Assessing antiquities may be all Greek to beginners and even some mid-level collectors, but any apprehensions can be set aside when pieces have been vetted by trusted auction-house experts like Bob and Teresa Dodge. Co-owners of internationally respected Artemis Gallery
, Bob and Teresa have always placed an emphasis on scrupulous research and uncompromising authentication, and it shows in each and every auction they produce. Their next 100% curated offering of pedigreed ancient antiquities, Russian icons, ethnographic, Pre-Columbian and Asian art will take place on March 15.
All items offered in this outstanding auction event are unconditionally guaranteed to be authentic, as described in the catalog, and legal to acquire according to federal guidelines. A certificate of authenticity will accompany each purchase, and all goods will be packed in house by the gallerys own staff to ensure a stress-free experience for all buyers.
Ancient Greece commands the main spotlight of the 326-lot auction. Lot 12E, a magnificent Greek Apulian red-figure volute-krater (mixing bowl), is attributed to the Strotgen Painter, circa 340-330 BCE. Of monumental scale, the elegant vessel is decorated with extensive iconography and decoration. It comes with provenance from the James Farmer collection and Christies New York (Dec. 7, 1995), and is similar in scale and decoration to another example that sold at Christies in 2011. At 31½ inches high, this grand artwork could fetch $35,000-$50,000 on March 15.
One of the most appealing Greek ceramic artworks in the sale is Lot 12B, a circa 350 BCE Apulian ceramic fishplate decorated via the red-figure technique with the image of three large and wonderfully detailed fish swimming around a central sauce recess. Previously auctioned at Christies, it is estimated at $8,000-$12,000.
A spectacular Egyptian bronze figure of Osiris, god of the Underworld, is entered as Lot 1D. Created circa 1070 to 332 BCE, this heavy votive figure may have been used by priests in religious rituals or possibly displayed in the home of a very wealthy individual. Standing 10.2 inches high, the figure was formerly owned by Albert J. Zaloom, a businessman of Middle Eastern descent who assembled a collection of antiquities, ancient medals and coins from the 1970s through 1990s. An important, published piece, it comes to auction with a $60,000-$90,000 estimate.
From the period of Egypts 26th Dynasty, circa 672-525 BCE, Lot 2B, a tall turquoise ushabti for a man called Ankh-em-maat is depicted mummiform with a smiling expression, hands holding a crook and flail. The figure wears a striated tripartite wig and braided beard and bears 10 lines of hieroglyphic inscription. This exceptional antiquity last appeared at auction on June 12, 1993 at Sothebys. Estimate: $5,000-$7,000
A late 6th to 5th century BCE hammered-bronze helmet from the Greek province of Illyria (modern-day Balkans) would have served multiple purposes, said Artemis Gallery Executive Director Teresa Dodge. We know from the pseudo rivets on the helmets design that it was made for parades or to be worn in death. Excavations in Macedonia revealed that some Greek soldiers were buried wearing their helmets, Dodge said. Similar examples are held in the collections of the Metropolitan Museum of Art and The Louvre. Auction estimate: $28,000-$35,000. Also of special note are Lot 8, a circa 5th to 4th century BCE Chalcidian (Magna Graecia) hammered, tinned-bronze helmet of unusual form, $60,000-$80,000; and Lot 17, a circa 500-450 BCE Etruscan bronze helmet and chest armor ensemble from Etruria (northern Italy), $75,000-$90,000.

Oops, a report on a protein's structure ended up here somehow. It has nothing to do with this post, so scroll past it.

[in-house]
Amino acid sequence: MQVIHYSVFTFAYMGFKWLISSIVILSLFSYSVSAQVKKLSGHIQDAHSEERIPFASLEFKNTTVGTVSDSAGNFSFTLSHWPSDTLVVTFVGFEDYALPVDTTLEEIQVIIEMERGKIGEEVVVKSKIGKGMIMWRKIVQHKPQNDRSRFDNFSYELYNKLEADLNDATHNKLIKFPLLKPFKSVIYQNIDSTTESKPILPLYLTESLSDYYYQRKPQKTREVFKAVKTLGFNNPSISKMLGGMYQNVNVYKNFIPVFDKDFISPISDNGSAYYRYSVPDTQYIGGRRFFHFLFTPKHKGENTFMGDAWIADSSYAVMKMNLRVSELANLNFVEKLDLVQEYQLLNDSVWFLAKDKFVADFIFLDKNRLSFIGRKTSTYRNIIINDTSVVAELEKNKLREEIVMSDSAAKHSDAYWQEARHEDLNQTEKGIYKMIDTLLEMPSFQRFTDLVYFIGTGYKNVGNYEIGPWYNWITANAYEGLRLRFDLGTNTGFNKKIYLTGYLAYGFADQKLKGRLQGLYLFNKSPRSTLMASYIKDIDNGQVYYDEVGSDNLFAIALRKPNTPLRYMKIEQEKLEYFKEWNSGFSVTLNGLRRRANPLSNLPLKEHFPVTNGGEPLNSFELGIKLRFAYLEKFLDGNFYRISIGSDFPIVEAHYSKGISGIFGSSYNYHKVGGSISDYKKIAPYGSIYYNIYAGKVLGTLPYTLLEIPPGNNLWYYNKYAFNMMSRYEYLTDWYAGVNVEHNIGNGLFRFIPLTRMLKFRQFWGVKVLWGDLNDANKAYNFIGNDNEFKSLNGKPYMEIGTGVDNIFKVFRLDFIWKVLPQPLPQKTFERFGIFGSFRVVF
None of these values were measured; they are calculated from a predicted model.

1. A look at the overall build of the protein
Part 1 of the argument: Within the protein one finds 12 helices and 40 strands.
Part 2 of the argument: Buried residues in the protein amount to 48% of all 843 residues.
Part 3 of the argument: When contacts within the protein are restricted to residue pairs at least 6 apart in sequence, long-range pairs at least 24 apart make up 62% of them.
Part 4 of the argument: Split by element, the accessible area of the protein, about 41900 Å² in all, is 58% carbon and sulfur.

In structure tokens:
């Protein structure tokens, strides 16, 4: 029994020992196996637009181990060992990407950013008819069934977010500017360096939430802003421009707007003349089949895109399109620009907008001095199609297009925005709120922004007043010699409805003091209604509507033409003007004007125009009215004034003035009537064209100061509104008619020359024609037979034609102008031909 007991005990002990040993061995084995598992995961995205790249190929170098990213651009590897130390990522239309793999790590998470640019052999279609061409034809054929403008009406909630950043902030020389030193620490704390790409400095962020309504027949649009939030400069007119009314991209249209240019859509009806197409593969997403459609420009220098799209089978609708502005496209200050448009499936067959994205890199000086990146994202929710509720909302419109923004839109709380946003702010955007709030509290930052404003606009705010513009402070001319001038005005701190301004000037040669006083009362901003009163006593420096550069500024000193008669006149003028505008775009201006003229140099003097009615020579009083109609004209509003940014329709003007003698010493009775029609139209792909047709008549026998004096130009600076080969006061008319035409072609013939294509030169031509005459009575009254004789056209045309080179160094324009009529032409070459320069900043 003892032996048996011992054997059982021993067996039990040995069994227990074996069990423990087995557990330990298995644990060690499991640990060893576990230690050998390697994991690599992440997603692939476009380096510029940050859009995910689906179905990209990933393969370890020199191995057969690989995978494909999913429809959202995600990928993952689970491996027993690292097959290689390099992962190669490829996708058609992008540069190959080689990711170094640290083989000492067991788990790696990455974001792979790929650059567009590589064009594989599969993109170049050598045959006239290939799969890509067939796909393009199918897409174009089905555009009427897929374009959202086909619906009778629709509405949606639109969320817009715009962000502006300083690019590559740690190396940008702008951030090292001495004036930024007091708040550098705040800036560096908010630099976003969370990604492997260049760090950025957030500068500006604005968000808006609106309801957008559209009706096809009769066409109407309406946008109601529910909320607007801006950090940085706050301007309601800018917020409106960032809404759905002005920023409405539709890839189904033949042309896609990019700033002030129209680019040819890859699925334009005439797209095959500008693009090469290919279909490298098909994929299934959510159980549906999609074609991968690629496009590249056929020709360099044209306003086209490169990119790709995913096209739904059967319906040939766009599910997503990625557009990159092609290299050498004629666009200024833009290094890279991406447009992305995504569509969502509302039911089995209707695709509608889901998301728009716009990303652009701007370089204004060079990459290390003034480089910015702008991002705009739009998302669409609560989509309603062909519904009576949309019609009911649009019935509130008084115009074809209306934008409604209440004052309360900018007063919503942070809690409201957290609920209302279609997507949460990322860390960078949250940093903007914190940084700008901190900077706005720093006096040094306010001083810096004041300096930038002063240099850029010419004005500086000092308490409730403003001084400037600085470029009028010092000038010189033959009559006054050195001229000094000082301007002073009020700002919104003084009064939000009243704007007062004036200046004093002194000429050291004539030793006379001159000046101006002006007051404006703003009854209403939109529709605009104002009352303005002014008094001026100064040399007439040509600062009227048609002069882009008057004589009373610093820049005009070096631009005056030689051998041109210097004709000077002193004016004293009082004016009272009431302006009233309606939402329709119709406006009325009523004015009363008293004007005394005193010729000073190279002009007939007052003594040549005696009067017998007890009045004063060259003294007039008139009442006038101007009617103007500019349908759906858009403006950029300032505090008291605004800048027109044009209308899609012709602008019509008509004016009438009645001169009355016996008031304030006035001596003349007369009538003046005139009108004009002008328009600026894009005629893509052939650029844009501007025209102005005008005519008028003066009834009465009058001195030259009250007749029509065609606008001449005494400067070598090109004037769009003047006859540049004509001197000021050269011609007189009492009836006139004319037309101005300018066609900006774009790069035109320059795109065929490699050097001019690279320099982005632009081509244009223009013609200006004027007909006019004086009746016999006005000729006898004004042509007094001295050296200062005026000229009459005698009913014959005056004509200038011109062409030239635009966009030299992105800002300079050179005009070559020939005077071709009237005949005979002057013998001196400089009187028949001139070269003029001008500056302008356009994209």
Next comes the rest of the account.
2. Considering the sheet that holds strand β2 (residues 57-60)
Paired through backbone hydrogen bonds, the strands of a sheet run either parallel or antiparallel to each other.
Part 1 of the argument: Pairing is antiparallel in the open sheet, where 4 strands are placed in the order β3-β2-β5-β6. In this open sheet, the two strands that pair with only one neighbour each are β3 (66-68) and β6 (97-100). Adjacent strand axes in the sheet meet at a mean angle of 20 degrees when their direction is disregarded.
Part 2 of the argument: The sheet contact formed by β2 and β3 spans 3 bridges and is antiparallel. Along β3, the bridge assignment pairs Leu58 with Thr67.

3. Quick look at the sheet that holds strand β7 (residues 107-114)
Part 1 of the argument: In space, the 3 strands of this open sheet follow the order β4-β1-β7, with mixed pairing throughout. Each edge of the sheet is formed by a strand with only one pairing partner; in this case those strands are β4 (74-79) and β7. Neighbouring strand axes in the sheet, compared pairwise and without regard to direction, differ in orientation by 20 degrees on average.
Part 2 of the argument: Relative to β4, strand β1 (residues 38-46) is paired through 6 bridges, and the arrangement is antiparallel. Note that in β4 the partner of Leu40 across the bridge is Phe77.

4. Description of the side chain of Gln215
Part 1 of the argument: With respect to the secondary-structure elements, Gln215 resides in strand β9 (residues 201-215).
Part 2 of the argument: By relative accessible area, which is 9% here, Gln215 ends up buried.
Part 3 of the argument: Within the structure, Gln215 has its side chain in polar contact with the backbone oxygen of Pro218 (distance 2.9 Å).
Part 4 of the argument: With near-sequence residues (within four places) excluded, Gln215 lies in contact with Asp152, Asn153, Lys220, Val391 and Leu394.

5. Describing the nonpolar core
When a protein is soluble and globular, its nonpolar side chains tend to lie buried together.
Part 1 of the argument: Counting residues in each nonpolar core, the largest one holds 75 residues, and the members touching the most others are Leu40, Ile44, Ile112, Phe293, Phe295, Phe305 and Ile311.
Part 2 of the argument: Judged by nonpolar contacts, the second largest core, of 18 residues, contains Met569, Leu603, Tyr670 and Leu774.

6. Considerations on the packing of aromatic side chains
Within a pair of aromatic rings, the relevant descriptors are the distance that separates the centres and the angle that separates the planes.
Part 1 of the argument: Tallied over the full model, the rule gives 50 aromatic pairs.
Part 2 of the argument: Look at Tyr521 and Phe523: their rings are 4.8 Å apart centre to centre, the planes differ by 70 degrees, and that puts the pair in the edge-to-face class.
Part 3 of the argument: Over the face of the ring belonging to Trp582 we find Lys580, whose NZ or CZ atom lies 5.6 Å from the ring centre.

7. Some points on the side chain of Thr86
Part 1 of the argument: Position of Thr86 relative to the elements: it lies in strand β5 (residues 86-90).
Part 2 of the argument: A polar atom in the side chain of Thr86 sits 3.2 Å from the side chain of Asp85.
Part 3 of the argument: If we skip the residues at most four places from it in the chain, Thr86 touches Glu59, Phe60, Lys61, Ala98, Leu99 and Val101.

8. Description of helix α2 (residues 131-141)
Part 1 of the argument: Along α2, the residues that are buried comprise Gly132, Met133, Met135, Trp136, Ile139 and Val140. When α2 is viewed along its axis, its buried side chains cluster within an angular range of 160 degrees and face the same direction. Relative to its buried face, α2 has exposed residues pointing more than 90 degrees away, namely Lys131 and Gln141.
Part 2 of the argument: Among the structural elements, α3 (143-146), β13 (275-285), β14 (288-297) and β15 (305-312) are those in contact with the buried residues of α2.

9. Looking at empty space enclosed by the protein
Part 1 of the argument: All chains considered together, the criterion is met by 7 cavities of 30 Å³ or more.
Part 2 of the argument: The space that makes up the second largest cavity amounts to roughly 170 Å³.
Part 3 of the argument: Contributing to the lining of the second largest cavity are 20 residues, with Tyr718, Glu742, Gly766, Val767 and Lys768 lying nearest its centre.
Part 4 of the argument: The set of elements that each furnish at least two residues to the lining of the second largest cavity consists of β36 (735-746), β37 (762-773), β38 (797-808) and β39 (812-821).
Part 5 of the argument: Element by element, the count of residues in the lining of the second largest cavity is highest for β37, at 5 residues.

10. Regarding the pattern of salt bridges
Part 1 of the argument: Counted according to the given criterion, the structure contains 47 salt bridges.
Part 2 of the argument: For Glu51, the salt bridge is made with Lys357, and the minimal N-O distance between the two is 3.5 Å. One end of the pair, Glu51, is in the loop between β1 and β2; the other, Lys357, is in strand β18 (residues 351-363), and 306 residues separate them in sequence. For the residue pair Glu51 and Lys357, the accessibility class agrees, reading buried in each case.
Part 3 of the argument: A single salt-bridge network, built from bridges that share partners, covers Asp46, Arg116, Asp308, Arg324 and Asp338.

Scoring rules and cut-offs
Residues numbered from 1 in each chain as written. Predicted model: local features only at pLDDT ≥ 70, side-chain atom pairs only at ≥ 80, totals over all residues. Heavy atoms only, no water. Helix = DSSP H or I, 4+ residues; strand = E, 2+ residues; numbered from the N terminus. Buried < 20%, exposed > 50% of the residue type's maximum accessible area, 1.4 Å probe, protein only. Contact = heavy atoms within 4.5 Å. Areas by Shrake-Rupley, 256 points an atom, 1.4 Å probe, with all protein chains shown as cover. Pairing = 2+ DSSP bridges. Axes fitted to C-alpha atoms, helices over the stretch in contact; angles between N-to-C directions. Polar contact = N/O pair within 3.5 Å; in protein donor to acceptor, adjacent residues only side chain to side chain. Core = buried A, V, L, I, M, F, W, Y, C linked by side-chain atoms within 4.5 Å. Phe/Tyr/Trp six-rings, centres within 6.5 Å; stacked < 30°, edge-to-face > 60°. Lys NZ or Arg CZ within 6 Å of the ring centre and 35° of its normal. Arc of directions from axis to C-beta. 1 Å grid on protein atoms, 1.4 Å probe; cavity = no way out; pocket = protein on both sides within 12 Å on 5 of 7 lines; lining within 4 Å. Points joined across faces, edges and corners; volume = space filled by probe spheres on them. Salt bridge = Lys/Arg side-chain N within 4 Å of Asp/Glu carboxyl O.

Collectors of Roman glass look forward to Artemis Gallery sales, which almost always contain rare forms of finest quality. The March 15th offering includes perfume and other flasks, oil lamps, jars and other vessels. A top entry is Lot 20, a blown-glass double unguent designed to hold precious oils, cosmetics or fragrances. Estimate: $1,800-$2,500
Many early Latin-American cultures are represented in the Pre-Columbian portion of the sale. Highlights include Lot 70A, a Mayan Territory limestone ball court marker, $60,000-$80,000; Lot 90, a large and important circa 1000-1500 CE stoneware lizard figure from Hispaniola, $12,000-$15,000; and Lot 71A, a circa 550-900 CE Peten Basin (Mayan Territories) polychrome cylinder ritual vessel, $2,500-$3,500.
In honor of Asia Week New York, Artemis Gallery has chosen several fine Chinese, Japanese and other Far Eastern antiquities for their March 15 auction. Included are: Lot 52, a Chinese Tang Dynasty terracotta qilin, $2,500-$3,500; Lot 52C, an 18th-century Tokugawa Japanese bronze champlevé Bodhisattva, $6,000-$9,000; and Lot 52B, a stunning set of 12 Chinese Ming ceramic zodiac figures, each dressed as a human tomb attendant in a long, draping gown. The rare set, formerly in a British private collection is expected to make $6,000-$8,000.
The auction also features Viking and African tribal objects, as well as several fossils. A fascinating specimen, Lot 55 is a blue mammoth tusk from Alaska dating to the Pleistocene epoch (Ice Age), circa 35,000 years ago. Measuring 77 inches from tip to tip and exhibiting a rich dark blue-green coloration, this natural-history prize is estimated at $20,000-$30,000.
Five beautiful 19th-century Russian icons will close the sale. Among the subjects depicted in the coveted religious artworks are St. George (with dragon), Mother of God of Kazan, the 40 Martyrs of Sebaste, and Saint Nicholas the Wonderworker.
Bidders may participate in Artemis Gallerys Wednesday, March 15, 2017 auction live online, by phone (please reserve phone line in advance) or by leaving an absentee bid that will be lodged confidentially and competitively on their behalf. The sale begins at 10 a.m. Eastern Time. View the catalog and bid absentee or live via the Internet through LiveAuctioneers